- The Washington Times - Thursday, October 20, 2011

D.C. Council members abandoned efforts Thursday to recoup roughly $15 million in uncollected taxes as a result of a city agency quietly changing an obscure tax policy in 2007.

The city should instead find the best way to “hit the giant pause button” on a commercial property recordation tax, which needs to be clarified through legislation, said council member David A. Catania, at-large independent.

“I think we’ve beaten this horse pretty much to death,” he said. “I do not believe it would be a good use of our time and energy to go retroactively deciding who did or didn’t pay.”

A bill introduced by council member Jack Evans, Ward 2 Democrat, requires an entity that purchases commercial property, then refinances the non-delinquent property, to pay taxes only on new debt acquired in the refinancing and not the original debt.

Mayor Vincent C. Gray wants to tax the entire debt to generate revenue and follow practices in Maryland and Virginia. However, Mr. Evans objects because many of the District’s other taxes are not competitive in the region.

Though arcane, the tax made headlines this year after D.C. real estate lawyer Jeffrey A. Mitchell pointed out that people are using loan modifications to get around the tax.

During his discussions with the city’s Office of Tax and Revenue, Mr. Mitchell discovered the agency had changed its policy without circulating the change or bringing it to the council’s attention.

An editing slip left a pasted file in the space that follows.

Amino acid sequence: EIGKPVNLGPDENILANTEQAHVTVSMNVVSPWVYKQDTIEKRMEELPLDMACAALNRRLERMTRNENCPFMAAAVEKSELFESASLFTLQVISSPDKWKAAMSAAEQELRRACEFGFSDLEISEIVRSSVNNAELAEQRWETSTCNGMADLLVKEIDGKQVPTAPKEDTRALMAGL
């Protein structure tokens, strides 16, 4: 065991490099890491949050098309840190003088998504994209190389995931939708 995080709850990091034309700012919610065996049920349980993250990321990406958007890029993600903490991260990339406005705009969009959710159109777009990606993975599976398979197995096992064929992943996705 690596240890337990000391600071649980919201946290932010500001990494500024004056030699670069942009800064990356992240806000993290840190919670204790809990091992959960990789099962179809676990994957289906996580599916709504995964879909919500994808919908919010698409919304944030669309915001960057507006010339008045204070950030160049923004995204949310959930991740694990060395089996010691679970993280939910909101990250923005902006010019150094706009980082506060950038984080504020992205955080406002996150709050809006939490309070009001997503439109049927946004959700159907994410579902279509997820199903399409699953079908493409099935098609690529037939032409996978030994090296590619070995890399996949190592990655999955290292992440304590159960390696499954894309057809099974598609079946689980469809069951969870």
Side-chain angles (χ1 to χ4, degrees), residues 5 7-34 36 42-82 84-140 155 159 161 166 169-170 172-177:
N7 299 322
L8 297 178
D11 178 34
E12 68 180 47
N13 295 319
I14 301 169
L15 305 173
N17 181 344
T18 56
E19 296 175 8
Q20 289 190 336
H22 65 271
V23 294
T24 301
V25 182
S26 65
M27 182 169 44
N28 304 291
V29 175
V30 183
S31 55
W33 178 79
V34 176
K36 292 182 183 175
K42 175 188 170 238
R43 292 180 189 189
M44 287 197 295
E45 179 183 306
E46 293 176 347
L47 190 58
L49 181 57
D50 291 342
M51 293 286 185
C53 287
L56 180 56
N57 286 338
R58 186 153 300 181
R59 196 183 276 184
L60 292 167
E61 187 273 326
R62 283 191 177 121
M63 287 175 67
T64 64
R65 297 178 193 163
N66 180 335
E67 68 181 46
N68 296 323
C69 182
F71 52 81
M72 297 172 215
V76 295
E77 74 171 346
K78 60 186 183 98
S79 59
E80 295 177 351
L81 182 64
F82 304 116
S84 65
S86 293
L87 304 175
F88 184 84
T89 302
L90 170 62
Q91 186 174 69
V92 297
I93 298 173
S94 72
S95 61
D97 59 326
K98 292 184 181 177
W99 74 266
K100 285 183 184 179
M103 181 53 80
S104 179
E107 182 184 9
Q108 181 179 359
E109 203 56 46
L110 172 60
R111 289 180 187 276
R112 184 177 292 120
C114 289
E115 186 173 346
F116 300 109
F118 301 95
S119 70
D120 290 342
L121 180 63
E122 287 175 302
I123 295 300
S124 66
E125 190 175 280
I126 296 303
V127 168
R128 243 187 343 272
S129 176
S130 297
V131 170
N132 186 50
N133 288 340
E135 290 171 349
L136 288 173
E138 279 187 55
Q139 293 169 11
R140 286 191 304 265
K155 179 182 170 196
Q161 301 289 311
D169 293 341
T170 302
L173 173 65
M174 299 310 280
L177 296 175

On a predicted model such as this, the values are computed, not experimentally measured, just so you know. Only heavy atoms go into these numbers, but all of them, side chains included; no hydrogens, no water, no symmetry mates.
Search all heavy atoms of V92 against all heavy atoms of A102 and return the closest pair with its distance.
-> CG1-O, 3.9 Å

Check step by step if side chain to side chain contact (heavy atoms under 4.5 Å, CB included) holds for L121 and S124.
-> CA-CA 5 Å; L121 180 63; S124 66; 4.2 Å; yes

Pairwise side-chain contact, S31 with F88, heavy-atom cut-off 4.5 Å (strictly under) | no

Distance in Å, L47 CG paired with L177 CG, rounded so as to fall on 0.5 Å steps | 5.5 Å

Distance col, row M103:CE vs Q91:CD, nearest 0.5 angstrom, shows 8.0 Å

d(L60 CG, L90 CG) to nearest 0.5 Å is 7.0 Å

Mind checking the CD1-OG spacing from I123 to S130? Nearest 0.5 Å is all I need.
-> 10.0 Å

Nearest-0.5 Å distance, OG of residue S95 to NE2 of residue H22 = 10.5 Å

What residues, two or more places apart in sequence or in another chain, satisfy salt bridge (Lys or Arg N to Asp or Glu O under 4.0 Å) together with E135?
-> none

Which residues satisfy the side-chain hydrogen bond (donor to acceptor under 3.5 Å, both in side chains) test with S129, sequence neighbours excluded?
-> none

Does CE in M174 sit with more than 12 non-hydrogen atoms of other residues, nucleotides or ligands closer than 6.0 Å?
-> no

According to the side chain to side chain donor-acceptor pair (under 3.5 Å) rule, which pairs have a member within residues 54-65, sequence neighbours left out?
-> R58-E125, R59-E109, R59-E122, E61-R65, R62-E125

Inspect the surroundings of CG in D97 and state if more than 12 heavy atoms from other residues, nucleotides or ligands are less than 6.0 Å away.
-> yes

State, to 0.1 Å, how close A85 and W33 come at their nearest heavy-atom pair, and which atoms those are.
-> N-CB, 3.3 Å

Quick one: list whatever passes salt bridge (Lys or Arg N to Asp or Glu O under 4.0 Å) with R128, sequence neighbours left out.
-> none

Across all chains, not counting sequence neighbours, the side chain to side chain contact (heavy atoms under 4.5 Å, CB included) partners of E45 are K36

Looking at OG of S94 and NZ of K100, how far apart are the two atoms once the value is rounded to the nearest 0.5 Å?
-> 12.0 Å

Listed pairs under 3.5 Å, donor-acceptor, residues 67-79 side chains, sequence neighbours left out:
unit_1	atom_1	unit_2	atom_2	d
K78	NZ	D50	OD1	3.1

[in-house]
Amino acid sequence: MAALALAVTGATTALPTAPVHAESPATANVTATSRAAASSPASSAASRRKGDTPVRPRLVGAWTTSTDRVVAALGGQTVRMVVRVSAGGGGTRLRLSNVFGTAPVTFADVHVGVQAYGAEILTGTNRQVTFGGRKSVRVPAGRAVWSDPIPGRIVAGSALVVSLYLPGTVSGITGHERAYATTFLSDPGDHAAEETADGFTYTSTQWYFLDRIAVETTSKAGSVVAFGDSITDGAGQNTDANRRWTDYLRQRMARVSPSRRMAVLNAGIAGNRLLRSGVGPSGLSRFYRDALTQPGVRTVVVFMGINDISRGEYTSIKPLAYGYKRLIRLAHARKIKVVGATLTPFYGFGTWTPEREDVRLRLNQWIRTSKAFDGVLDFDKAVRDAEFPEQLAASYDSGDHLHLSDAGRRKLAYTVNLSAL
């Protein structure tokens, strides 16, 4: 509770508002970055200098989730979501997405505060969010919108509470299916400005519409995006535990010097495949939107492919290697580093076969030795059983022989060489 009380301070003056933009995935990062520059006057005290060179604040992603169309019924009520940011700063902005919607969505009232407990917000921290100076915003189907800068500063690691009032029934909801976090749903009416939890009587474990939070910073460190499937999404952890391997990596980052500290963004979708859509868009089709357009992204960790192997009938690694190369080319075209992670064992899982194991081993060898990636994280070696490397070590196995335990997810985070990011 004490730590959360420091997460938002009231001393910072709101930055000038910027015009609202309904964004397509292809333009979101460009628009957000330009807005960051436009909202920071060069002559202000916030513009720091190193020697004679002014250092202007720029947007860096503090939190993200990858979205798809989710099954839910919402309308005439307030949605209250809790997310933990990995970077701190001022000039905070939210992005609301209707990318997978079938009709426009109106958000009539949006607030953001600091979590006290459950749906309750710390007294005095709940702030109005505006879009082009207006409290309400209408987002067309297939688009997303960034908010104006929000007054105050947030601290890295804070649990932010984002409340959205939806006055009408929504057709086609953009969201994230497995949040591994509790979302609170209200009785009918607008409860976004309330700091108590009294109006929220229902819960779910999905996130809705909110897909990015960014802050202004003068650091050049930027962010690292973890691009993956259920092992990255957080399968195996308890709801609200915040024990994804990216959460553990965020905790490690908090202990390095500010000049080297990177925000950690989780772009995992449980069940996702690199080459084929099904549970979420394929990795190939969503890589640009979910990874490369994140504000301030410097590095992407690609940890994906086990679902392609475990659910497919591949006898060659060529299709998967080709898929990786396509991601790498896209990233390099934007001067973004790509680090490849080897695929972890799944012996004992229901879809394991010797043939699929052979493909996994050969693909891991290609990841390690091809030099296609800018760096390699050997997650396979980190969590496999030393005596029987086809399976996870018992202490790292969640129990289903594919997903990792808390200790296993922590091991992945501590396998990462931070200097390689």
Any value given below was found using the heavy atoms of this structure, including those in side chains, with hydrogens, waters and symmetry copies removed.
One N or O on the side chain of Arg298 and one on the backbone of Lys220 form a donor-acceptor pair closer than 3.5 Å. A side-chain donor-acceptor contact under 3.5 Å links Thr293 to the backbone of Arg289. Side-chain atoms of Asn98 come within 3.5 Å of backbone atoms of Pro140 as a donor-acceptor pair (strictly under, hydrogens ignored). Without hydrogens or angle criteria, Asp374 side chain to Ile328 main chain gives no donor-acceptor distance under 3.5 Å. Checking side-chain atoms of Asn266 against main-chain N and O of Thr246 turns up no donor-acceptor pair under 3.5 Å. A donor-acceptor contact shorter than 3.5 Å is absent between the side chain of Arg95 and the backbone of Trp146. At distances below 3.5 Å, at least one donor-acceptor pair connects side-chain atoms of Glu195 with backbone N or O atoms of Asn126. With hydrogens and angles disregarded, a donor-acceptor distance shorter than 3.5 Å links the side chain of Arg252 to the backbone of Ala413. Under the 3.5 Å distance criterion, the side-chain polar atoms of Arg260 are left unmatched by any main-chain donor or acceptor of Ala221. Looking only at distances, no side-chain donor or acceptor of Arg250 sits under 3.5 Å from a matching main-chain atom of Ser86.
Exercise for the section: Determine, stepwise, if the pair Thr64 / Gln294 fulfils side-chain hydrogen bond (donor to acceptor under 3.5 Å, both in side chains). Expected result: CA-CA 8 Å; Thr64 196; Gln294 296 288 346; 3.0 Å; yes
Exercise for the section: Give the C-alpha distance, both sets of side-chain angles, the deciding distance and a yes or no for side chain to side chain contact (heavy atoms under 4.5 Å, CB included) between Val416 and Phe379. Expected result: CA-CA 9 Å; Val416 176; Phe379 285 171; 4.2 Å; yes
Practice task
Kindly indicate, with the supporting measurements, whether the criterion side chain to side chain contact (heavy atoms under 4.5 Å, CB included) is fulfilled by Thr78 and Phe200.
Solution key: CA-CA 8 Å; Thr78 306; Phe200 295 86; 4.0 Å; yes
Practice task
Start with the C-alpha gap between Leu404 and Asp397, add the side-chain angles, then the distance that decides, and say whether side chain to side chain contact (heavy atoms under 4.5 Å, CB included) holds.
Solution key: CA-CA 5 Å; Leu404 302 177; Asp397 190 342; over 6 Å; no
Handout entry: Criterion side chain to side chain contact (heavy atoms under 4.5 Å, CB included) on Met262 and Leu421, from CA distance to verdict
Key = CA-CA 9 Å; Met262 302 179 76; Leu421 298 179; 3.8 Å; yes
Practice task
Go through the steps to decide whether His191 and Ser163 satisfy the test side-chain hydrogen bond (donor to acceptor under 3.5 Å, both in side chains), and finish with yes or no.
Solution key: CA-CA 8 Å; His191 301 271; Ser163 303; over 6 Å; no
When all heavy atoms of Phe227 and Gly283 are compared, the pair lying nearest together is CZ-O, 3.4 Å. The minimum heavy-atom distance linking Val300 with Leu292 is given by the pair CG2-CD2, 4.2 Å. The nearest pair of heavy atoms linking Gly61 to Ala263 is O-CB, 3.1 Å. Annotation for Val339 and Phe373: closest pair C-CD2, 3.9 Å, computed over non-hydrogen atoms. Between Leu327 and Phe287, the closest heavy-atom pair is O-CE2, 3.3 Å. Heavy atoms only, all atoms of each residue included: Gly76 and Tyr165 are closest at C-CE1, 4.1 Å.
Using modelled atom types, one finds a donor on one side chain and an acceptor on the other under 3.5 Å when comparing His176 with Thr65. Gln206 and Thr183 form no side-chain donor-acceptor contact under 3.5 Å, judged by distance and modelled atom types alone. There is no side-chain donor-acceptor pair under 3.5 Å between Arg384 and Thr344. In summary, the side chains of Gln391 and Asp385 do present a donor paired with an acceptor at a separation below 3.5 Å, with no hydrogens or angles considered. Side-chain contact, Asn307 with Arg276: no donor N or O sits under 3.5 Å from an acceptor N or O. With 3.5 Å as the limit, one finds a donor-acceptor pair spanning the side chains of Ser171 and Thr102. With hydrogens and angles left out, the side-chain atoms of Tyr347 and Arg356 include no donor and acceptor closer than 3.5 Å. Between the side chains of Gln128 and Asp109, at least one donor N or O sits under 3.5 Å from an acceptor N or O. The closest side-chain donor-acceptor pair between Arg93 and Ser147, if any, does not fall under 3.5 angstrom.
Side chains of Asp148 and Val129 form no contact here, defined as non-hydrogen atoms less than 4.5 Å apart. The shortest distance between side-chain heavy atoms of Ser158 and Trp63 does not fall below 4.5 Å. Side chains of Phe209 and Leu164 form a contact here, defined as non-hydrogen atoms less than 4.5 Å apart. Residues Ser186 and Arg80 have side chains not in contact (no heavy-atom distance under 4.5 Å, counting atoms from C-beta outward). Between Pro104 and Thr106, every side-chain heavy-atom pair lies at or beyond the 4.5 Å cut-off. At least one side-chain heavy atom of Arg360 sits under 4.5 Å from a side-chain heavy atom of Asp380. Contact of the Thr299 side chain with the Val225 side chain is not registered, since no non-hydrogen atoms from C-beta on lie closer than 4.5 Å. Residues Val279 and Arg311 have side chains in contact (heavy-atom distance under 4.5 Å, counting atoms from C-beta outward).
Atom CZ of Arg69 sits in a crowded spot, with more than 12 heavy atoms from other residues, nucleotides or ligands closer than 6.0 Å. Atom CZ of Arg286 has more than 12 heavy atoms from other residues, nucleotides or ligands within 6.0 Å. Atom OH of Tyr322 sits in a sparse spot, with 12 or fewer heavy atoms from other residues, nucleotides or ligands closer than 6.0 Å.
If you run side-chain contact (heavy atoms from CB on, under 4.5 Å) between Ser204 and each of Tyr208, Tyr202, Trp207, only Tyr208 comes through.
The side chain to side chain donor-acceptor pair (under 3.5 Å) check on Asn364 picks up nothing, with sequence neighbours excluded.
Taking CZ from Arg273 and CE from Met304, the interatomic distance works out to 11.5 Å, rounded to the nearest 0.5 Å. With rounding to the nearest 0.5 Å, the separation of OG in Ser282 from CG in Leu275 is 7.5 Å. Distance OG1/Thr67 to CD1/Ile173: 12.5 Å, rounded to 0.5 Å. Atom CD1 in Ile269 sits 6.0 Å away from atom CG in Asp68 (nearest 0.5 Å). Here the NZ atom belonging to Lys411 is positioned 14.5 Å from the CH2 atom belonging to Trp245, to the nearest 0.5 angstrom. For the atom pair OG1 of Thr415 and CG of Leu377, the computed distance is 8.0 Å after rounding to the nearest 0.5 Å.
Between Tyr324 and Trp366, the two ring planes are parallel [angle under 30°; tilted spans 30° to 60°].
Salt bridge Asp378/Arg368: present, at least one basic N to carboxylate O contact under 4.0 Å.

The policy since 2007 has been to collect taxes on new debt created in a refinancing, which conflicts with a law from 2001 that requires all of the initial debt to be taxed.

“The law is clear,” Mr. Mitchell told the Committee on Finance and Revenue on Thursday. “The only need for clarification, in my opinion, is somebody needs to the tell the Office of Tax and Revenue they’re not the decision-makers.”

The issue raised questions about how much money the city lost from the policy change and set off a war of words in letters between Mr. Catania and Chief Financial Officer Natwar M. Gandhi and D.C. Attorney General Irvin B. Nathan.

“If government can do this under cover of darkness to people who have a lot of money, government can do this to people who do not,” Mr. Catania said. “Not one person has been held accountable for this colossal problem.”

Mr. Mitchell said it would be a civil liability for the city to try to collect taxes from people who thought they were paying the correct amount at the time.

“I’m not a litigator,” he said, “but I’d be happy to take those people’s cases.”

Mr. Evans, the committee chairman, said he will ask the new D.C. Tax Revision Commission to study options for moving forward and closing loopholes people are using to get around the tax altogether.